Exchanging Cultures: Anglo-French Relations in the Middle Ages
Scholars agree that English and French, whether language, literature, or culture, had a strong relationship in the Middle Ages. Despite their mutual interactions and back-and-forth distribution of power, the portrayal of the relationship has remained fairly static, frequently described as French influence on English writing but not the other way around. Rather than a unidirectional influence, however, we should perhaps consider the relationship to be one of exchange. How might English ideas have influenced French ones? How might both peoples have viewed each other on a day-to-day level?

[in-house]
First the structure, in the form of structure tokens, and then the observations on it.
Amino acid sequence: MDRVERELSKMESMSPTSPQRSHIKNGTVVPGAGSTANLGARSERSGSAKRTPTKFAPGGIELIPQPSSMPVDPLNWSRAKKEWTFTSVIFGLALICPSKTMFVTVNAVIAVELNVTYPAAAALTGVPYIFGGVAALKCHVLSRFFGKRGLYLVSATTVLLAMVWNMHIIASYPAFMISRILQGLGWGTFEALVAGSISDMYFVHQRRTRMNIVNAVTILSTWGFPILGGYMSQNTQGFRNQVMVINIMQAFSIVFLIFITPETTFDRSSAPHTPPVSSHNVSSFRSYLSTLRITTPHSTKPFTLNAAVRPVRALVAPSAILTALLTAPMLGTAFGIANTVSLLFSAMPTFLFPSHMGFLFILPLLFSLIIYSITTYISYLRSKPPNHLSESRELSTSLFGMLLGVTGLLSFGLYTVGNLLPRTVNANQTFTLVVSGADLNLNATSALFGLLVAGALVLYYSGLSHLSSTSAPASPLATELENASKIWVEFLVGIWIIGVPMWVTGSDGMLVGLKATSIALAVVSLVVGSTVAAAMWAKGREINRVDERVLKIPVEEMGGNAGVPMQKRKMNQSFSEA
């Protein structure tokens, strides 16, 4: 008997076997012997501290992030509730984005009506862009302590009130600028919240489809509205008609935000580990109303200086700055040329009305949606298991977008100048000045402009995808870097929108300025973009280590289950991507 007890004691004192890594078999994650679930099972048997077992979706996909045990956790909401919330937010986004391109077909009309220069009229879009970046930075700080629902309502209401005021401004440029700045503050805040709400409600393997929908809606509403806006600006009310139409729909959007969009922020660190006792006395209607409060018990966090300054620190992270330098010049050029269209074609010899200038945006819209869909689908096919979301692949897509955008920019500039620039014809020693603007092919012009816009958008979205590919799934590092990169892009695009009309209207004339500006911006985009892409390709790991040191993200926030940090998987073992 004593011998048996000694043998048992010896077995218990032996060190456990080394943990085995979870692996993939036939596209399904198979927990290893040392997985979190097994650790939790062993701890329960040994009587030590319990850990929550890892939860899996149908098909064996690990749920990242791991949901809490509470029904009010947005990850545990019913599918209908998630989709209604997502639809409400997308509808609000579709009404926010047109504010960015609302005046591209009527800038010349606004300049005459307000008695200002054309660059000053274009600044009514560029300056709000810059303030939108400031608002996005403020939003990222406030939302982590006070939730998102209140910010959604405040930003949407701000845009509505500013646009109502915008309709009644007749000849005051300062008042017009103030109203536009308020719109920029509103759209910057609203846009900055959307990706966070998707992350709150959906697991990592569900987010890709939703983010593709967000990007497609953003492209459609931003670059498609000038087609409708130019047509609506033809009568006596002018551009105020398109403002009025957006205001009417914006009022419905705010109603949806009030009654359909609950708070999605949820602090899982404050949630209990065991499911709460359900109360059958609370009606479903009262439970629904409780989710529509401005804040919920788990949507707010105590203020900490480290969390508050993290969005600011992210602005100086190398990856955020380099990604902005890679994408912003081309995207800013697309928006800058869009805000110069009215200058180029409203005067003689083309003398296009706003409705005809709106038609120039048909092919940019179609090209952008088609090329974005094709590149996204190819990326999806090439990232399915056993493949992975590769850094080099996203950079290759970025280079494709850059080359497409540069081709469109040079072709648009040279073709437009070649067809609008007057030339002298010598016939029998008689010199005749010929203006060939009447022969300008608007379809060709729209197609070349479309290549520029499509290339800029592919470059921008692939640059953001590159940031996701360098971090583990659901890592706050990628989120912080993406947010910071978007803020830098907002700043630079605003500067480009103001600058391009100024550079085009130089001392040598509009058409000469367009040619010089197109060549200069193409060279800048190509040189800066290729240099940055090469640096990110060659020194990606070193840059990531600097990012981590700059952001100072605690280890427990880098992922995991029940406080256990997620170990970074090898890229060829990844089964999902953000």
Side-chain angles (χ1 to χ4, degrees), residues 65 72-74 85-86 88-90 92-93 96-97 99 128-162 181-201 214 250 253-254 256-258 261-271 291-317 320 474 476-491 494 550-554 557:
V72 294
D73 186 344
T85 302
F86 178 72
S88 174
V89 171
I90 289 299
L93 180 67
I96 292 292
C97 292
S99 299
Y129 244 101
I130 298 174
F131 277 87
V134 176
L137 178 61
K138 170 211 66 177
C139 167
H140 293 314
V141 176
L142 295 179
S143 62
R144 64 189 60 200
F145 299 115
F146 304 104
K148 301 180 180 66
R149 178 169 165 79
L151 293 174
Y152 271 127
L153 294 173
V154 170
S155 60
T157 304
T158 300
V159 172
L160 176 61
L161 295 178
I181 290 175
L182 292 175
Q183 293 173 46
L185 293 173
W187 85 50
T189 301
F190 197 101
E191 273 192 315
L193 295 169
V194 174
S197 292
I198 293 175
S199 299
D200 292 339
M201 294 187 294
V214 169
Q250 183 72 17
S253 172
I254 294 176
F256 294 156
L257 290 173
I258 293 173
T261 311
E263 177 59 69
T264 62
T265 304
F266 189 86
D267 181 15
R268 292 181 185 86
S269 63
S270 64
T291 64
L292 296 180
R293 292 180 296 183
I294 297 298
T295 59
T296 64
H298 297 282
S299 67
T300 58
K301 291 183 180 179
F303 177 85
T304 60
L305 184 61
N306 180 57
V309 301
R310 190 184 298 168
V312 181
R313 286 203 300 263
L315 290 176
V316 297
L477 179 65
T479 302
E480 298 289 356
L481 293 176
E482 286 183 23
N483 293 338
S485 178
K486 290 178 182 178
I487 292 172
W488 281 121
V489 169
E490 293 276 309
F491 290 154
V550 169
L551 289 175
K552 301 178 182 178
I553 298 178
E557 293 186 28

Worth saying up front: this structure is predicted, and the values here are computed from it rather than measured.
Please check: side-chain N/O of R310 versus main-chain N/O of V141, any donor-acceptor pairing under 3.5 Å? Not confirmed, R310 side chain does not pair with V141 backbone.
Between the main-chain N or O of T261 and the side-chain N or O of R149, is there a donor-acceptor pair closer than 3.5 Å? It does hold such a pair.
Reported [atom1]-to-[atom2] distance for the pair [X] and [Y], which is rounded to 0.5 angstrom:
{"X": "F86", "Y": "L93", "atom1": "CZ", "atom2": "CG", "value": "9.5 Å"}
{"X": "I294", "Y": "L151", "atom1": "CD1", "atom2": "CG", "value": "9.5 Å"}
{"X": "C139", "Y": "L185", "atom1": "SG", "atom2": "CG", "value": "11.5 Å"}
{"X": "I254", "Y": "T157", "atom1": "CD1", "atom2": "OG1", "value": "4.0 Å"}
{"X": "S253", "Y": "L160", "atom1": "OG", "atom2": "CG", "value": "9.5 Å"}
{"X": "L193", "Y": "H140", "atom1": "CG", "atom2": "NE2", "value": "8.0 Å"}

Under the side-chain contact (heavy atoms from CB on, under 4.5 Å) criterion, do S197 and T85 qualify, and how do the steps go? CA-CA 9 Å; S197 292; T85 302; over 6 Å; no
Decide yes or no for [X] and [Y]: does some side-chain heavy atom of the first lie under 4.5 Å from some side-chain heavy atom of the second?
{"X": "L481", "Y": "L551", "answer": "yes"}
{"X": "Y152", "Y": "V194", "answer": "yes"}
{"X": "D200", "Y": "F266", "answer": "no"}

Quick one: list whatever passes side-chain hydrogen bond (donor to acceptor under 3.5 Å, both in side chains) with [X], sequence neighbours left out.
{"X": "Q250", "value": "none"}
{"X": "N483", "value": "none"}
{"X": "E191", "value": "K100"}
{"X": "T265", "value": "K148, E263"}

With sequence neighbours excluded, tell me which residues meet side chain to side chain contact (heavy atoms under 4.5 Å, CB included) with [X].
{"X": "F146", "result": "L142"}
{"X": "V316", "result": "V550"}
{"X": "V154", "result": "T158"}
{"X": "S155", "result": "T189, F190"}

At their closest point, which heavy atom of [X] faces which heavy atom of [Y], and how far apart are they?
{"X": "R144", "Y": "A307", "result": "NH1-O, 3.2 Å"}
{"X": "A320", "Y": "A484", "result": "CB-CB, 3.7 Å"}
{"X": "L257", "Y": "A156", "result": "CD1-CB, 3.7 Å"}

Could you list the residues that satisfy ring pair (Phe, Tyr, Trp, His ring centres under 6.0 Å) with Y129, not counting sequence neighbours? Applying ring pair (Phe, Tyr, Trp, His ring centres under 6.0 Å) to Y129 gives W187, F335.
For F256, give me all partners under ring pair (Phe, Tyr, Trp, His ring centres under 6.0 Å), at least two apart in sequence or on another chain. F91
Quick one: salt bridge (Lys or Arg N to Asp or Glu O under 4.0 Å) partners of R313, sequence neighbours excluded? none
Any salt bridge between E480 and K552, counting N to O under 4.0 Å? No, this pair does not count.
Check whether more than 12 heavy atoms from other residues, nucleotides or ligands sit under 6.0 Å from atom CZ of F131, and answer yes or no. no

Because of traditional departmental divisions, it is difficult to satisfactorily answer these questions in a manner which incorporates both perspectives. Furthermore, there is a deep separation between lines of inquiry discussed by scholars in English and those discussed by scholars in French. Influenced by Channeling Relations in Medieval England and France, the conference hosted by the Pearl Kibre Medieval Study in 2018 which featured pioneers in the field Ardis Butterfield and Jocelyn Wogan-Browne, this panel aims to bring together these two traditionally separate groups for a conversation that is truly interdisciplinary.
While this panel focuses on literary and cultural exchanges between England and France, we welcome submissions that also incorporate other perspectives, particularly non-western.
Please submit abstracts to Steve Kruger at email@example.com